On Wall Street, it is what is known as an exogenous event — a sudden political or economic jolt that cannot be predicted or modeled but sends shockwaves rippling through global markets.Read the rest here.
Investors have largely shrugged off several of these unexpected developments recently, including the sovereign debt crisis in Europe, but the situation in Egypt has the potential to cause more widespread uncertainty, especially if oil and other commodities keep surging or the unrest spreads to more countries in the Middle East.
While Egypt’s banks and stock market were closed because of the protests there, other Middle Eastern markets declined in trading Sunday, with shares falling by 4.3 percent in Dubai, 3.7 percent in Abu Dhabi and 2.9 percent in Qatar.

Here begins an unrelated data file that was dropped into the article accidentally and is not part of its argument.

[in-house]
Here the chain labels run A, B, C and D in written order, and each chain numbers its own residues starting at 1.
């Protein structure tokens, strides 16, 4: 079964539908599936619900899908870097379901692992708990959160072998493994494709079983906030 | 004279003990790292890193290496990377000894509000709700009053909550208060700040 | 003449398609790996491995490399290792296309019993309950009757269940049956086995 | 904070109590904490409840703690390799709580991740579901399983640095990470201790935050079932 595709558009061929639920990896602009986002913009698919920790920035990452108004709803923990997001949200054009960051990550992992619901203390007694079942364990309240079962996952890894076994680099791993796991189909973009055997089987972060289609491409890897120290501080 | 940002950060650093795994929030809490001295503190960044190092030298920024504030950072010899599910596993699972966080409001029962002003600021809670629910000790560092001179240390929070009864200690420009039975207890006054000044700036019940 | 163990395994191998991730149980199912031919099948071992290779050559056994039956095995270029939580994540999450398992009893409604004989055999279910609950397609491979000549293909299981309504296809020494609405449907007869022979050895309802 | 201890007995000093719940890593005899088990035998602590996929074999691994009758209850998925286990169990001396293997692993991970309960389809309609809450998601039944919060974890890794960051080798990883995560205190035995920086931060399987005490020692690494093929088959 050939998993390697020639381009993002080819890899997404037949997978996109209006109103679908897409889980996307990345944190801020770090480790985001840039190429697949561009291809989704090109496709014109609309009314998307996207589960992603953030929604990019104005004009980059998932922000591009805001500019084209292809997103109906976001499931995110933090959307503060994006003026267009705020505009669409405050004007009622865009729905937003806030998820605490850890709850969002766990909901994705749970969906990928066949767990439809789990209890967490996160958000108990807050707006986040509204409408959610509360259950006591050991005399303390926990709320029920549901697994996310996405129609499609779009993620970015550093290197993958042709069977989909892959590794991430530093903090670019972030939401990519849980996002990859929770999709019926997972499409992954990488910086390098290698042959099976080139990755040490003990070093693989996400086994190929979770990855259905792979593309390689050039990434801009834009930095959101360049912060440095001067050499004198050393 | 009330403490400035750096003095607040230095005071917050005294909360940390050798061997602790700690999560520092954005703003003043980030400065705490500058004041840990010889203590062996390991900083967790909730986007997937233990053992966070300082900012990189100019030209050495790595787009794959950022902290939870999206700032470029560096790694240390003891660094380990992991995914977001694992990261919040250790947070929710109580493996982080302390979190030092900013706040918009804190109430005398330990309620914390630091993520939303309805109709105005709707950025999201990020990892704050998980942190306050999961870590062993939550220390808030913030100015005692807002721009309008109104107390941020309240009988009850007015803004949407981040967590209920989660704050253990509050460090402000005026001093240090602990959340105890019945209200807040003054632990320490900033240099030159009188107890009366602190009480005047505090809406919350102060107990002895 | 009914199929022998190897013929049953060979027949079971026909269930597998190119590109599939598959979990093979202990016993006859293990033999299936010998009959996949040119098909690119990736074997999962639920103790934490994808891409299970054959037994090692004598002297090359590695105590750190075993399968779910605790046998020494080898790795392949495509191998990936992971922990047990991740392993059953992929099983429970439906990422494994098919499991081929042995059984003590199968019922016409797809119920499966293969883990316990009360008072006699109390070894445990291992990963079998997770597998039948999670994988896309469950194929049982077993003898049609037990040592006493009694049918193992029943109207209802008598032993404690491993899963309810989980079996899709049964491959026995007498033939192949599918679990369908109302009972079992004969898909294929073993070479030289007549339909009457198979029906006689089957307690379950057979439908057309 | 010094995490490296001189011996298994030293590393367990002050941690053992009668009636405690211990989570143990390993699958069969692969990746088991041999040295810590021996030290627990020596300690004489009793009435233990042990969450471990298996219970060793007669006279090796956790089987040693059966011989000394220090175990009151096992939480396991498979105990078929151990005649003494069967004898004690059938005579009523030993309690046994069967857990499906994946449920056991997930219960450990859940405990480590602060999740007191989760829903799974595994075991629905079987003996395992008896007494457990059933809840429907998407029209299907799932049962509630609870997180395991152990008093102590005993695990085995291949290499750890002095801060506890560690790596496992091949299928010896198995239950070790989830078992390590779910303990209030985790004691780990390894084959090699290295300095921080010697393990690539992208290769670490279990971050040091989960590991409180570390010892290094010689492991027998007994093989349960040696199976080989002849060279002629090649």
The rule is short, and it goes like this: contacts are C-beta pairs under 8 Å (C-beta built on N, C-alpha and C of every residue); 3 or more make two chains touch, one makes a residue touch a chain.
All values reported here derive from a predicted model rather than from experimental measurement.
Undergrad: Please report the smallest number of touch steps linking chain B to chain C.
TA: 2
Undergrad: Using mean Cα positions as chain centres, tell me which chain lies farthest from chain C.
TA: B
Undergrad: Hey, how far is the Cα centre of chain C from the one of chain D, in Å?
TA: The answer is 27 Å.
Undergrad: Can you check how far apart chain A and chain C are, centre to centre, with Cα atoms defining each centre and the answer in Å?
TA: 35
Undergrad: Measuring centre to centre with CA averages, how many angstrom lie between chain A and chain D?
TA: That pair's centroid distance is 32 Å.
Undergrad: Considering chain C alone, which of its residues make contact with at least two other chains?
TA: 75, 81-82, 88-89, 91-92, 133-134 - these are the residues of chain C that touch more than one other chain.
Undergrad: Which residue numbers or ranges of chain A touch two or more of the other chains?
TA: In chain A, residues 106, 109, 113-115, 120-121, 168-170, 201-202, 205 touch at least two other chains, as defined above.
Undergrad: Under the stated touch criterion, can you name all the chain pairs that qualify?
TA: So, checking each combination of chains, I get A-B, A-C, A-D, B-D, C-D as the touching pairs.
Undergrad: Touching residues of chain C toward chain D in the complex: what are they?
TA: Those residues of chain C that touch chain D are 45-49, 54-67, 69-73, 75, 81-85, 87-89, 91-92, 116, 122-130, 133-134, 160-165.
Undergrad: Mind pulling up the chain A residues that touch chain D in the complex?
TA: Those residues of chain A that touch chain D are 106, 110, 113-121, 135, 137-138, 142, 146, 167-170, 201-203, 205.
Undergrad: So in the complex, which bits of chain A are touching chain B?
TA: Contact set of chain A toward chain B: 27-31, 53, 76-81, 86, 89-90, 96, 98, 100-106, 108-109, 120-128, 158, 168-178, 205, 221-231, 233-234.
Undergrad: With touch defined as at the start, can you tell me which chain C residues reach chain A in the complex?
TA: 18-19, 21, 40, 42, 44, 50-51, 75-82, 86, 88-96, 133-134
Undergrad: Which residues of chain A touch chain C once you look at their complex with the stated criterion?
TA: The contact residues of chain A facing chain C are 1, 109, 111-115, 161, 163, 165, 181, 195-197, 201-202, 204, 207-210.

By early Monday morning, Asian markets were also trending lower, with Japan’s Nikkei index falling 1.5 percent, while in South Korea, the Kospi index slid 1.4 percent.
Last week, the Dow Jones industrial average nearly surpassed the closely watched 12,000 level, but fell 166 points in late trading Friday as the protests in Egypt intensified and oil prices jumped 3.7 percent to $89.34.